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Medication Response in the Treatment of Patients with Anorexia Nervosa


Journal of Psychiatric Practice: May 2001 - Volume 7 - Issue 3 - p 157-162
Review Articles

Anorexia nervosa (AN) is a serious mental disorder, characterized by severely low weight and cognitive distortions about body shape and weight. AN is generally associated with a constellation of psychological symptoms, including depression, anxiety, obsessionality, and ritualistic behaviors. The presence of these associated symptoms, together with the great challenge of treating patients with AN, has led clinicians to try many psychopharmacologic agents in the treatment of these patients, usually to no avail. Investigators have studied a range of agents, but have found little, if any, utility in treating underweight patients with medication. In this article, the authors review the literature regarding medication treatment for patients with AN, propose a theoretical basis for the poor response of these patients to the agents that have been tried, and conclude with recommendations for treatment strategies and additional research that should be pursued to further our understanding of this difficult illness.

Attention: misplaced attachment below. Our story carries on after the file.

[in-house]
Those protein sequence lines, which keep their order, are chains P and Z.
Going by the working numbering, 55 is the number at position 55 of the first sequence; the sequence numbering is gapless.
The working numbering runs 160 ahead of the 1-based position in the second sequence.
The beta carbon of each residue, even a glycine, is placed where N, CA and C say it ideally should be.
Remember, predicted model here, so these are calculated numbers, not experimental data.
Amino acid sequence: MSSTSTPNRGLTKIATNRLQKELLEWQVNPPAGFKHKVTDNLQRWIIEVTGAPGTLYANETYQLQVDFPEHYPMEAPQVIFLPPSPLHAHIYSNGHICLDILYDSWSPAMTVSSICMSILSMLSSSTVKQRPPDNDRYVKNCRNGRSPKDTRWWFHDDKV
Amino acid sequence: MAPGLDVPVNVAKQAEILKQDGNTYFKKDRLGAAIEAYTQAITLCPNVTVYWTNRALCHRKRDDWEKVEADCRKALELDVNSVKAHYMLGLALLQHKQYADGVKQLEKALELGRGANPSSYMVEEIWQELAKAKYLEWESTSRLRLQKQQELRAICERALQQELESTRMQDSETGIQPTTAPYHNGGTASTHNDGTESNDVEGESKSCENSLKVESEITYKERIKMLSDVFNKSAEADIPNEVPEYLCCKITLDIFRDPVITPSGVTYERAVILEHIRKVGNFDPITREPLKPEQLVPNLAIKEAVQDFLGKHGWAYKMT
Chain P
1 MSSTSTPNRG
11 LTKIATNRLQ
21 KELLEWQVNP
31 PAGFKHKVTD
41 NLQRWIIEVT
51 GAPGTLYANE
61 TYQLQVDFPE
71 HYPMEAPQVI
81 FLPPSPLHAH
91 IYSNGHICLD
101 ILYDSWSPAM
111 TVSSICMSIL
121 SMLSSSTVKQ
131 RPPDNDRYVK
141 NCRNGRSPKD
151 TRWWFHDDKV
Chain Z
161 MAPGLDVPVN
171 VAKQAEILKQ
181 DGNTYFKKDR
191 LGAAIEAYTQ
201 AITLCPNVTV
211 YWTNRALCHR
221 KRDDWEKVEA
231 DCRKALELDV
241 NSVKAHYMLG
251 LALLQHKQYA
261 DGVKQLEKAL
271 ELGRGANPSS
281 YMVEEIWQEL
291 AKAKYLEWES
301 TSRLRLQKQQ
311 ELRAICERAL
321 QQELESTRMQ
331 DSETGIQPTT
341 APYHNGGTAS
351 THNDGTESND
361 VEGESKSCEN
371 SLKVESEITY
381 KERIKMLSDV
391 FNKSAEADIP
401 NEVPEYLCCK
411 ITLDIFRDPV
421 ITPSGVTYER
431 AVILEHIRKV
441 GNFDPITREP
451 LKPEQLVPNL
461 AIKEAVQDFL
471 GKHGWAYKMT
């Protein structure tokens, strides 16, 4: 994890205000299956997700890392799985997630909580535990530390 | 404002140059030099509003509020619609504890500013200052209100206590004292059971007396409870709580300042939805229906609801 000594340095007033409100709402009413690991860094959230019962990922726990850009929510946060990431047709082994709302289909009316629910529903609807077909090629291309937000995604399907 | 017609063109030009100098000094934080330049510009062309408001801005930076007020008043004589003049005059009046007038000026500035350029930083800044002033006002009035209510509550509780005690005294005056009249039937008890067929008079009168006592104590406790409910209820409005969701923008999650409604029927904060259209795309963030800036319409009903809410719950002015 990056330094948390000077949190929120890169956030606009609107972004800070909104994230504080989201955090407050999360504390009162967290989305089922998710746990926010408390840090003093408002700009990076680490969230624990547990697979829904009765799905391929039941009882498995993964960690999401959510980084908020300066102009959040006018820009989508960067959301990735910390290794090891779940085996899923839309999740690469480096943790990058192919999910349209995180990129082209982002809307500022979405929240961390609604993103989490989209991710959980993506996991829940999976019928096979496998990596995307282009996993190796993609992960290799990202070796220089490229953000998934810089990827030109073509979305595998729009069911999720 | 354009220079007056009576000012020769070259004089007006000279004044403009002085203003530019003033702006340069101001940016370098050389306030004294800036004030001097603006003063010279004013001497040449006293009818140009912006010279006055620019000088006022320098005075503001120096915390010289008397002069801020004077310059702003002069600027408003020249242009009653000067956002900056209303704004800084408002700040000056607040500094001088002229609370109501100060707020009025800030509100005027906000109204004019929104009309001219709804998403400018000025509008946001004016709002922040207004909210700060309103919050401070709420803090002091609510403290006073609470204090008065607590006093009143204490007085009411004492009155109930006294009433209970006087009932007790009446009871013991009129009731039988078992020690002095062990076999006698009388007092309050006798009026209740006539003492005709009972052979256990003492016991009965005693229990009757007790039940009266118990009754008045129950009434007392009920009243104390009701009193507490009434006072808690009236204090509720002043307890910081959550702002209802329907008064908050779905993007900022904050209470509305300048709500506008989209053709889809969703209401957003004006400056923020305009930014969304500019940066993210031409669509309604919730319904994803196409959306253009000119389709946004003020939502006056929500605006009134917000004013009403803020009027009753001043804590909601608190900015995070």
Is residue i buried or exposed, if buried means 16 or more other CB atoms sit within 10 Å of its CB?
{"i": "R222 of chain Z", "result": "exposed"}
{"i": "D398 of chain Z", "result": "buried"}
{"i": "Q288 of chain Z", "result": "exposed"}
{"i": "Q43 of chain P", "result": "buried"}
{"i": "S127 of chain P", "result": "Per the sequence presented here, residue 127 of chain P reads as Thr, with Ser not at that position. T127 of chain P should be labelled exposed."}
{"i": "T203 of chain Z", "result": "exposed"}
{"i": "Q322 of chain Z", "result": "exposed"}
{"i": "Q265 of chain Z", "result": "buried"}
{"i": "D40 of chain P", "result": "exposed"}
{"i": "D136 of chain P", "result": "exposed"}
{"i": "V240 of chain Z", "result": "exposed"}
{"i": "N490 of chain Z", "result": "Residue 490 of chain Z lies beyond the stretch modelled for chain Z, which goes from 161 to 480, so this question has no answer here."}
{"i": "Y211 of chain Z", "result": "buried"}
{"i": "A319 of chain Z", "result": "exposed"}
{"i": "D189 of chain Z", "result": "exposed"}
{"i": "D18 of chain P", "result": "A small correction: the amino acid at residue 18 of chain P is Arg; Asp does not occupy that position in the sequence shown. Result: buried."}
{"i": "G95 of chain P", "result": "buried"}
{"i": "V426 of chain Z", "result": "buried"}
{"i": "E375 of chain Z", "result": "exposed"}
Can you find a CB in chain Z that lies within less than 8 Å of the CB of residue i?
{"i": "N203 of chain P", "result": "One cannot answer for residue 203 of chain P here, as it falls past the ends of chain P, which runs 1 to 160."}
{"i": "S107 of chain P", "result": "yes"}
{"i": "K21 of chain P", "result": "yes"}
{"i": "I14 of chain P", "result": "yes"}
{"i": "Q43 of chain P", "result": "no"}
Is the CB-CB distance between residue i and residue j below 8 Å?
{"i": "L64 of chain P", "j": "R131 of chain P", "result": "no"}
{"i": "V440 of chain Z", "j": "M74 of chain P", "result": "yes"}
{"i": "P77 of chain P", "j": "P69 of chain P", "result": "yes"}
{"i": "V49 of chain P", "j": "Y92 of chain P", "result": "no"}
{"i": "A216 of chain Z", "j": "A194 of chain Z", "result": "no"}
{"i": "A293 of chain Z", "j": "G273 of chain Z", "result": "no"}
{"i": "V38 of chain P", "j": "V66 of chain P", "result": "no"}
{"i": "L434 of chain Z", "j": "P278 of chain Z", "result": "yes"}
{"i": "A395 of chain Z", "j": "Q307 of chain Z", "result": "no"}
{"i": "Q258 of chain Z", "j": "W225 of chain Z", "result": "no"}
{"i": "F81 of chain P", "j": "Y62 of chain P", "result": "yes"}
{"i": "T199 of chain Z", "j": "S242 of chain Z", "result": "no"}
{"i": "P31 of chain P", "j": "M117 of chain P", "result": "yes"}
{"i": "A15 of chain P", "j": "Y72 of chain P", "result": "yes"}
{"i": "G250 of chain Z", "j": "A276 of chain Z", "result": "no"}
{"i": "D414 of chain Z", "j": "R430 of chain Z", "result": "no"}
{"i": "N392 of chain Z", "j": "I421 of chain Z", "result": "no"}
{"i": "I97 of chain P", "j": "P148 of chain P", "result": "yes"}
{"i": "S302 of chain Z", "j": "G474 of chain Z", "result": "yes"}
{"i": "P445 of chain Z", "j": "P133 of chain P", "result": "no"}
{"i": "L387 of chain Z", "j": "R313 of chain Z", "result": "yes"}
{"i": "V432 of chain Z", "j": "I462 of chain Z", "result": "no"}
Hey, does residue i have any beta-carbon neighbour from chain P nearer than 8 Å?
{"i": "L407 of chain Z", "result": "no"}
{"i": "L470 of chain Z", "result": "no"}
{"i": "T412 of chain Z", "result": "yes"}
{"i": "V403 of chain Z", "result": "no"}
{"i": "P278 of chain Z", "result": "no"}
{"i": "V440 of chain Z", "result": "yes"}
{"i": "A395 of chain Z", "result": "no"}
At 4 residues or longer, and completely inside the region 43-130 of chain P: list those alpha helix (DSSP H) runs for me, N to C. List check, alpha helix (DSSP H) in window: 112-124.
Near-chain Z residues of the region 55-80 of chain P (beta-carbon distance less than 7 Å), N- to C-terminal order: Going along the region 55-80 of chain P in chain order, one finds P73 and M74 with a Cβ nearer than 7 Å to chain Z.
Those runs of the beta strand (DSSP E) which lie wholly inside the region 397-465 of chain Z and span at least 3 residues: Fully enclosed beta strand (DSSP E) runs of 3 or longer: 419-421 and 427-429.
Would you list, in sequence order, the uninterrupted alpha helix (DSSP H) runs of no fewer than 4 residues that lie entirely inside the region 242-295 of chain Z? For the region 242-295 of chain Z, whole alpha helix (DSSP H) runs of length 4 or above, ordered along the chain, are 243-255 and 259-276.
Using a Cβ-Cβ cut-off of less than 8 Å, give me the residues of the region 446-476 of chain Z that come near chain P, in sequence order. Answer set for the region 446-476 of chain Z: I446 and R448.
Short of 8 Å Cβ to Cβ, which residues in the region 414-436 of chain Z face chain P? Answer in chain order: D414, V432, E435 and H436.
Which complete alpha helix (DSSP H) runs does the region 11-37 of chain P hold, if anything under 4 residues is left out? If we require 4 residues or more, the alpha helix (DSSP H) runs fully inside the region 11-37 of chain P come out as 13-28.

ATTIA, MAYER, and KILLORY: Columbia University College of Physicians and Surgeons and New York State Psychiatric Institute.

Please send correspondence and reprint requests to: Evelyn Attia, MD, New York State Psychiatric Institute, Box 98, 1051 Riverside Dr., New York, NY 10032.

© 2001 Lippincott Williams & Wilkins, Inc.